As the 21st century evoluzione of the avantgarde Tesi 1D hub-center street bike, of which Bimota built just 417 customer examples during five short years from 1991 to 1995. That included 51 fitted with the 400cc air-cooled desmodue motor for sale in Japan—each Ducati-engined Vyrus variant represents a technological tour de force that’s even more minimalist and certainly more aesthetically appealing than the slab-sided Tesi 1D, whose all-enveloping styling covered up the trick tech its design embodied.
But as its designation indicates, the new Vyrus 986 M2 represents a sideways step in a completely different direction by Rodorigo. As the first Vyrus model to be powered by a four-cylinder engine (and a Japanese one, too), it’s also the first in the firm’s 15 years of existence to feature anything other than a Ducati desmo V-twin motor.
The chance to ride the Tesi’s modern-day successor was too good a chance to miss, especially as this was the first time I’d ever ridden a Vyrus on the street, rather than a racetrack—and particularly since this Honda-engined 600cc street bike is the smallest-capacity Vyrus model that Ascanio Rodorigo has yet built. Can less truly be more?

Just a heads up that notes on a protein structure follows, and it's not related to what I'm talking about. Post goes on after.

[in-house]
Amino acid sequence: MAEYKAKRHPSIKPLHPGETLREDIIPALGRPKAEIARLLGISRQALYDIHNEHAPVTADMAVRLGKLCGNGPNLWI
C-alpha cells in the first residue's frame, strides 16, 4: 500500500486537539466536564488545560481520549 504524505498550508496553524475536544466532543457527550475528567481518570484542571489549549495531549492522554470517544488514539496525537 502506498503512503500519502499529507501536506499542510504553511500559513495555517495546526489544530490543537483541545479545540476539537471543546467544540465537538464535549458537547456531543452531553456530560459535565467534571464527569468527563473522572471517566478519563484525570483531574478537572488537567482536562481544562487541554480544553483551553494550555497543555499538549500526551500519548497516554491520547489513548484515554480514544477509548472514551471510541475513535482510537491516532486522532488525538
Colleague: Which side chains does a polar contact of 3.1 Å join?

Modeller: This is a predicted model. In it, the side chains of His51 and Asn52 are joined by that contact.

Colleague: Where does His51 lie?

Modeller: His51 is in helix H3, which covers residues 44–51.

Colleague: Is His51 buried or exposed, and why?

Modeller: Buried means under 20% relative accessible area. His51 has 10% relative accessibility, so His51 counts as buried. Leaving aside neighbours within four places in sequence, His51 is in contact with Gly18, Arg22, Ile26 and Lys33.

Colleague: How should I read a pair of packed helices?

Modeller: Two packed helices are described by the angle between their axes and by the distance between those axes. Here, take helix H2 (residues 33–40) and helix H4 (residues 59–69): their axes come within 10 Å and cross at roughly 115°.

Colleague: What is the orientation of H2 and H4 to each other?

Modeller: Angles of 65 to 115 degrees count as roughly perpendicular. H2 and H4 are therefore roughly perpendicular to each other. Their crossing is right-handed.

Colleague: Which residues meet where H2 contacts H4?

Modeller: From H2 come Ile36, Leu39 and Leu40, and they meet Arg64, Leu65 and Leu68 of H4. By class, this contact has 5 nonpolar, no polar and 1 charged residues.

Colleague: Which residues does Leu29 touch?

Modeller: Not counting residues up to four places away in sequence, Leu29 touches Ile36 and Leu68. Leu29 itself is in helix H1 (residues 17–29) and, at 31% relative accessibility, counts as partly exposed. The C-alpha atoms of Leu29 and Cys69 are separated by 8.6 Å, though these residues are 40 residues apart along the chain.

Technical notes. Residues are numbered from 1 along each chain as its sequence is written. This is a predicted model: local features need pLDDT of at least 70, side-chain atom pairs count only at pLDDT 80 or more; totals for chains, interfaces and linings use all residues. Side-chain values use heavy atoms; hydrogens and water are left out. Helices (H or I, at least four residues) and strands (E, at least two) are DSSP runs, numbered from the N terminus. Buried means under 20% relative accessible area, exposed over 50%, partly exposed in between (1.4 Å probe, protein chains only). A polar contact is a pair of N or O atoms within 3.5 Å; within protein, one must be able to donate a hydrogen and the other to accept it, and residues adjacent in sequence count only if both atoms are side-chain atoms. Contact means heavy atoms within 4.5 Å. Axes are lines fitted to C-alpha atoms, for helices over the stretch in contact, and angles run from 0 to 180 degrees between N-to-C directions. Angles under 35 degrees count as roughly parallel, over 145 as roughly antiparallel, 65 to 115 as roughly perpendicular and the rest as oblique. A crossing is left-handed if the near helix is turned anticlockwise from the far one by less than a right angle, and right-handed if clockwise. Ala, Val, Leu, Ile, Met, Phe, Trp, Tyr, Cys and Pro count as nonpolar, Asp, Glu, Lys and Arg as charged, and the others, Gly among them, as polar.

Apparently so. Hopping aboard the Vyrus 986 M2 brought the memories of many past Bimota rides flooding back, even if it felt much smaller and more purposeful than the bigger, more boat-like Tesi 1D that I raced 25 years ago.
Its riding position felt improbably comfortable and comparatively normal, without your hands being too close together as on some other hub-center bikes, thanks to the absence of a “proper” set of forks and the triple-clamps they’re harnessed in. The vestigial painted bodywork helped add to the sense of minimalism, but not at the expense of wind protection—speeds of up to 120 mph, as indicated on the digital speedo on the stock Honda dash, didn’t deliver excessive windblast, thanks to the small but effective screen.
Yet despite having such a short wheelbase the Honda-engined Vyrus has a surprisingly spacious riding position that’s really welcoming for people of any stature—it turns out Ascanio gets both taller and shorter riders to sample any of his designs, and each must be comfy on the bike before he signs it off. Moreover, the seat is deliberately narrowed where it meets the fuel tank-cum-airbox shroud, and despite its tall 32.8in height, this allowed the 5’10” me to place both feet flat on the ground at traffic lights.